Serum concentration of intercellular adhesion molecule–1 in patients with hepatocellular carcinoma is a marker of the disease progression and prognosis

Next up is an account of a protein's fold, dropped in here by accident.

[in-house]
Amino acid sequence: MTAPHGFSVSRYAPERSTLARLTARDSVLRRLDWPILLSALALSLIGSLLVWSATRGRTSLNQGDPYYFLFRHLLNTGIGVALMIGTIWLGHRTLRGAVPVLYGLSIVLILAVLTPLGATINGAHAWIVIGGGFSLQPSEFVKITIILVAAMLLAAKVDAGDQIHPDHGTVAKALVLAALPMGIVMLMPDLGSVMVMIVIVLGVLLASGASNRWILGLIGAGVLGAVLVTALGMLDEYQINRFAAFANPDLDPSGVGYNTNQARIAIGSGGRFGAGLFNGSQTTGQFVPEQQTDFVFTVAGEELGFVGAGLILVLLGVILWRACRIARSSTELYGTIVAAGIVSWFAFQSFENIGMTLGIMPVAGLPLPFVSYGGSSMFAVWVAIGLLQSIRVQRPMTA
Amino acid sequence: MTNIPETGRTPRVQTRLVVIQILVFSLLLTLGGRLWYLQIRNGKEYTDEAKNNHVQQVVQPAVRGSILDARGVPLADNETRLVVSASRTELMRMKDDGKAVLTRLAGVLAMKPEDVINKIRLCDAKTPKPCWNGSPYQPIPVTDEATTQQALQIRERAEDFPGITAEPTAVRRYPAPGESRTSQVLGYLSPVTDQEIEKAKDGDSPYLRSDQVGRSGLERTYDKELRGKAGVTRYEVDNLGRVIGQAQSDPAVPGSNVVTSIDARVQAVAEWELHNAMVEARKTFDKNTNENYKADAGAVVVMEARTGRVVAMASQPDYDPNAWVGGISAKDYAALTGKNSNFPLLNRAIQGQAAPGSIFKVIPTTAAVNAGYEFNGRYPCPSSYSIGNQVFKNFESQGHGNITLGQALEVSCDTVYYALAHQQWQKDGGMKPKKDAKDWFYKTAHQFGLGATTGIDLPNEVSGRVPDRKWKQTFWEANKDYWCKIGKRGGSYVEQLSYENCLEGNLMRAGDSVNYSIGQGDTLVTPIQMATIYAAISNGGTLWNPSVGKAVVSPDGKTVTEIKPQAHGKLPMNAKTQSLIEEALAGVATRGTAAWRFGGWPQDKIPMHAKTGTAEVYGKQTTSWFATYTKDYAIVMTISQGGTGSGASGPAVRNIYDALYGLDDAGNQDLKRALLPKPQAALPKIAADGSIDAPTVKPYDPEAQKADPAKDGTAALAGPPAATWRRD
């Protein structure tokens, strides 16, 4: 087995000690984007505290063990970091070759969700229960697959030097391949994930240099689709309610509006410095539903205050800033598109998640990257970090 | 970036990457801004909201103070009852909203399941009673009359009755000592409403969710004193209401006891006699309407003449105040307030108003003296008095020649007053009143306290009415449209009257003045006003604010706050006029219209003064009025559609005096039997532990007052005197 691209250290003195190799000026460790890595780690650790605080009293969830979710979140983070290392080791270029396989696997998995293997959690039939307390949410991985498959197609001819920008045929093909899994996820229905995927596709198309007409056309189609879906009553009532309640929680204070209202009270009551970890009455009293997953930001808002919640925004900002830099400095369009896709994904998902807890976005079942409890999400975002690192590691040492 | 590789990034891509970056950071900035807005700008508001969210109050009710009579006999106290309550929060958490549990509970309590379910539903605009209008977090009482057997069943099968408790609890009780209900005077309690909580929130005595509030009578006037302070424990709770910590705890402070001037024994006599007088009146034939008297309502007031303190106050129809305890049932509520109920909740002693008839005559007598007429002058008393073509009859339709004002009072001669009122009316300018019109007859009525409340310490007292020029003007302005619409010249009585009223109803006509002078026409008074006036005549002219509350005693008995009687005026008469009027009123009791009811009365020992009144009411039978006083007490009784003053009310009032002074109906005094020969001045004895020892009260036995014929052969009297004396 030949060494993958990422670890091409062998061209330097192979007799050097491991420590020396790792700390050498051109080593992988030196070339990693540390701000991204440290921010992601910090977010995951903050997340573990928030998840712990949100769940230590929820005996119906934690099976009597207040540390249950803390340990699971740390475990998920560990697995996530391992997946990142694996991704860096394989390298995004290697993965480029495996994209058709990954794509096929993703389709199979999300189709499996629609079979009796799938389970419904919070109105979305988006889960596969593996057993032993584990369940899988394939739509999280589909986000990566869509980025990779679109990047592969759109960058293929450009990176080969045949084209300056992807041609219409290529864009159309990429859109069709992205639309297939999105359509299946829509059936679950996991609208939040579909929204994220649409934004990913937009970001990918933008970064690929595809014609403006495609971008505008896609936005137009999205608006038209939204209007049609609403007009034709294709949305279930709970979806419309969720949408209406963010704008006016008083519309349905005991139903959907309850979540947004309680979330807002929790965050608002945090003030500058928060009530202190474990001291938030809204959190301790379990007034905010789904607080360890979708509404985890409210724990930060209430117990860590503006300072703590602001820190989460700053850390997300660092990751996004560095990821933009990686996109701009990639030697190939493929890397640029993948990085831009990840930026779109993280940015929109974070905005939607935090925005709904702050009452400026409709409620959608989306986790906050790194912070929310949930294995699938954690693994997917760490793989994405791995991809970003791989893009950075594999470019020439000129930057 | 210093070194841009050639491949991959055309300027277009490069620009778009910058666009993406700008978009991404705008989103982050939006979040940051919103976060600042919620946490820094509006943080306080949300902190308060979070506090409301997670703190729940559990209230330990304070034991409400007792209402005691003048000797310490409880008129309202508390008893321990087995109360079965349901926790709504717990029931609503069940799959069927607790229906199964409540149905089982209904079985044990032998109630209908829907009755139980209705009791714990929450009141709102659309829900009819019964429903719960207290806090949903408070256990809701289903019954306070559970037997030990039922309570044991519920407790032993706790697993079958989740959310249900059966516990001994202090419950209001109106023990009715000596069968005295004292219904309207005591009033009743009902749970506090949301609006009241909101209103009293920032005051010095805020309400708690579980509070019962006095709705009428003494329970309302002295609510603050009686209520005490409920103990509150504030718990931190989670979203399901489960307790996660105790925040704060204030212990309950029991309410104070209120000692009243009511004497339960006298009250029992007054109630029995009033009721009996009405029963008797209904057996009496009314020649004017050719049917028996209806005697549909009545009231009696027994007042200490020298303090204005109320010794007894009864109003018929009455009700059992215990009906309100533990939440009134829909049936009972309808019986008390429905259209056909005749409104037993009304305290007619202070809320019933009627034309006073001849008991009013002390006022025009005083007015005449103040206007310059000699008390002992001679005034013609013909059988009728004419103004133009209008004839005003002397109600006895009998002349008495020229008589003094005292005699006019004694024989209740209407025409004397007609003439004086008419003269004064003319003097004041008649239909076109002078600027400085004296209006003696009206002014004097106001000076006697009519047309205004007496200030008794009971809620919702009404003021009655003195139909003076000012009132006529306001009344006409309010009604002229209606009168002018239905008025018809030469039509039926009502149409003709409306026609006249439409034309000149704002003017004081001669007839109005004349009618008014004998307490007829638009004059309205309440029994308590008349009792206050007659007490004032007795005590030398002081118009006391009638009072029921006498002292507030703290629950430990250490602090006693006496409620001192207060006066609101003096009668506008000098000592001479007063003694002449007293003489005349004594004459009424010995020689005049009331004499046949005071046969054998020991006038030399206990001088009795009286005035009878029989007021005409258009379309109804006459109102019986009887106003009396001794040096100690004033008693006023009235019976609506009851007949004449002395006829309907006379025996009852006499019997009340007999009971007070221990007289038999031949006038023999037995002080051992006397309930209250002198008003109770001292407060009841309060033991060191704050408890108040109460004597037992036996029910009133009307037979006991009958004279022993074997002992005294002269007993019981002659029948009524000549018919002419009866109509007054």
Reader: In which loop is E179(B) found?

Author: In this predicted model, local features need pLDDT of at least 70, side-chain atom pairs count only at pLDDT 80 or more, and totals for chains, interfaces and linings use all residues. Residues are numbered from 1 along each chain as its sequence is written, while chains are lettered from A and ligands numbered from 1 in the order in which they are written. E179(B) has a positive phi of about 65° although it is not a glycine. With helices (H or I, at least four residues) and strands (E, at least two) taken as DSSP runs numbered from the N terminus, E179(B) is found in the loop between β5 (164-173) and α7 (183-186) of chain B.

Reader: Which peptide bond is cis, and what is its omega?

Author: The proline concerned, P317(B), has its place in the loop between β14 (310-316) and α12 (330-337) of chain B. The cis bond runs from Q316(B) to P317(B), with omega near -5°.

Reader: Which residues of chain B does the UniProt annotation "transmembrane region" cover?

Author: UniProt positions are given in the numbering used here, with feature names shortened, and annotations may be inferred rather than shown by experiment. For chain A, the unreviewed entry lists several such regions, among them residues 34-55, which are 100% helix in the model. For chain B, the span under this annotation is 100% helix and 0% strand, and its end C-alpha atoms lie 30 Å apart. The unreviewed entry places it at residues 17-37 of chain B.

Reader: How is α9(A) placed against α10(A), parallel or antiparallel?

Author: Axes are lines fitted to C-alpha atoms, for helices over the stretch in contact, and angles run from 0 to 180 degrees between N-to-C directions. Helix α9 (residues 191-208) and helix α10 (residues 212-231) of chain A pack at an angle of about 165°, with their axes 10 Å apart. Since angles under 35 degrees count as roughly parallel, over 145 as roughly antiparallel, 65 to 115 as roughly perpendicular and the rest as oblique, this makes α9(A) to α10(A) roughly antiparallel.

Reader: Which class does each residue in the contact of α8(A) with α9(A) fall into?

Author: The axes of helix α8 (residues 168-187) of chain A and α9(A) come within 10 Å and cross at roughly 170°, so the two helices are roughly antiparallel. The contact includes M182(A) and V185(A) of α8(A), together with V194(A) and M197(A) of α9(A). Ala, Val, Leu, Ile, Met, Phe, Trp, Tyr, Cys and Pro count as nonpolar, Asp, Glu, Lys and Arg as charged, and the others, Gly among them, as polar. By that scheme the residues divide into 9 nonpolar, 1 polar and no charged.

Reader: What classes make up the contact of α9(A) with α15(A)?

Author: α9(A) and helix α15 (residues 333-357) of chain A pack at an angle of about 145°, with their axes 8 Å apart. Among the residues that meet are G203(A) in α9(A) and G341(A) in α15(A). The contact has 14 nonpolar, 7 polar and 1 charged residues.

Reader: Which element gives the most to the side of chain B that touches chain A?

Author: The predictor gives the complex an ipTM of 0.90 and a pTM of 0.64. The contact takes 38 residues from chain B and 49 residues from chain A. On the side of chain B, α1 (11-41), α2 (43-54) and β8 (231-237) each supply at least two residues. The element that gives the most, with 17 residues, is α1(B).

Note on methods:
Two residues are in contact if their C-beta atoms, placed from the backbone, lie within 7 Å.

Serum levels of soluble forms of intercellular adhesion molecule–1 (sICAM-1) and lymphocyte function-associated antigen-3 (sLFA-3) in 122 patients with chronic liver disease including hepatocellular carcinoma (HCC) were measured by enzyme-linked immunosorbent assays. Serum levels of sICAM-1 in patients with HCC were significantly higher than those of chronic hepatitis (CH) and cirrhosis. On the other hand, serum levels of sLFA-3 in patients with HCC were almost the same as those of cirrhosis. Western blot analyses showed that molecular sizes of sICAM-1 and sLFA-3 detected in the sera were 90 kd and 50 kd, respectively, indicating that both molecules include whole extracellular domains. In patients with HCC, circulating sICAM-1 levels were significantly (P < .001) correlated with tumor volume (r = .50), total bilirubin (r = .38), serum aspartate aminotransferase levels (r = .51), and γ-globulin (r = .63). Furthermore, serum sICAM-1 levels were significantly elevated in patients with multiple HCC (tumor number >3) or HCC with tumor embolus in the first branch or trunk of portal vein. Survival periods were analyzed in relation to serum sICAM-1 levels in patients with HCC who had been treated by transcatheter arterial chemoembolization. The HCC patients with <1,000 ng/mL of serum ICAM-1 showed significantly (P = .0005) longer survival than those with higher levels of the molecule. The same results were obtained when only patients with moderately differentiated HCC were analyzed (P = .02). Analyses by Cox's proportional hazard model showed that sICAM-1 is a significant (P = .032) prognostic factor for patients with HCC. These data show that circulating sICAM-1 in the sera of patients with HCC is a marker for tumor progression and prognosis of the patients. (Hepatology 1995; 22:525–531.)